As we gain experience in meditation practice, we become more and more familiar with the awareness that notices whether we are distracted or not. We begin to see that we know we are distracted without having to have a thought such as “Yikes! I am soooo distracted.” The knowing quality of our mind does not depend on our thinking—we can be aware, know what is happening, without having to rely on thought. That moment of noticing that we are distracted is not based on thinking about whether we are distracted. That moment of knowing is a moment when we are free of distraction and fully present. In the beginning it may only last a few instants.

Like a lion not bothering to look at all the stones but rather turning to look in the direction of the stone thrower, instead of looking at the thoughts we can look at the maker of thoughts—awareness.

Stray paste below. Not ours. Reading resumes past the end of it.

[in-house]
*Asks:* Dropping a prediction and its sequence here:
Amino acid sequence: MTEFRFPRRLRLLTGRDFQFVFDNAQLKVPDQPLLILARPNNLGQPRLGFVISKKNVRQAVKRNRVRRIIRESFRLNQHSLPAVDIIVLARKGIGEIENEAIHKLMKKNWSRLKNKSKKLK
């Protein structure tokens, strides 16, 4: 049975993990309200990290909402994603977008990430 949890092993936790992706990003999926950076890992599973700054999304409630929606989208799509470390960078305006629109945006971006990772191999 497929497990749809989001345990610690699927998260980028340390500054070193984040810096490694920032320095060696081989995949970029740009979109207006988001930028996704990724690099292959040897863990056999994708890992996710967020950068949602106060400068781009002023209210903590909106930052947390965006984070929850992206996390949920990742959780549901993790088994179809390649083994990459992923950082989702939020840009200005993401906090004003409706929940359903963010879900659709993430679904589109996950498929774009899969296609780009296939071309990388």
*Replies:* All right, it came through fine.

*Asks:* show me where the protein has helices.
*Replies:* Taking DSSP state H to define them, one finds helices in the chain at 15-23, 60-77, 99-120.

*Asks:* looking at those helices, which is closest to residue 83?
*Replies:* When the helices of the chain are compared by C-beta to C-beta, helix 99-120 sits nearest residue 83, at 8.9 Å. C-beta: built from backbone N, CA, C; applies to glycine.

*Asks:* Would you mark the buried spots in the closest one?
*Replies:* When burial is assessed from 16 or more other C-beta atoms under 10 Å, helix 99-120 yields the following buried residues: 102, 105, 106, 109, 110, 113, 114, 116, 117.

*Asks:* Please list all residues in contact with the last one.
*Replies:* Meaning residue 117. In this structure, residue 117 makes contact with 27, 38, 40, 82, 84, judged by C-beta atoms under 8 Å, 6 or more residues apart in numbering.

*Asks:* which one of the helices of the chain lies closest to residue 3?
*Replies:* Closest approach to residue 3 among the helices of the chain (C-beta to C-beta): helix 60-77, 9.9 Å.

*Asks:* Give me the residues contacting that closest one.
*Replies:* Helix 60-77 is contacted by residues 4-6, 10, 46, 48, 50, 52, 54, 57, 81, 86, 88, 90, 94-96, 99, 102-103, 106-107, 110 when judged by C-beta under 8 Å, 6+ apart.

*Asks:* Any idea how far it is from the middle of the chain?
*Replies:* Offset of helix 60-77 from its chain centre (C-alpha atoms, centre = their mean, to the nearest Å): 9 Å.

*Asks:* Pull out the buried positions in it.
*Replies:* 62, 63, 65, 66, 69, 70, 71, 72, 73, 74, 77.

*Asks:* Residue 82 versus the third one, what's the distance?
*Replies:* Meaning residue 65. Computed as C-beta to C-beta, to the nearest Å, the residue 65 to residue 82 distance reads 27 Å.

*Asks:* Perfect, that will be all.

When you turn the mind to look at the knower of a thought, you are becoming like a lion looking at the stone thrower. At that instant of looking toward knowing, you can just

let go and rest;
let go of being present; or
let go of knowing.

At that moment of letting go, you are in mind’s nature— awareness itself. The nature of mind—awareness—is always available whether there is a thought to be known or not.

What does it mean to let go? It means to just let the mind be, however it is. Don’t concern yourself about whether or not you’re noticing the knowing or if there is a natural space. However it is, just allow the mind to be that way. One way to think about letting go is to use the analogy of someone who comes home after a long hard day of work. After a long day at work, completely exhausted, they drop into their favorite chair and let everything go. So just drop everything and rest like someone at the end of a long day of work. At that instant of letting go, you are aware, completely undistracted.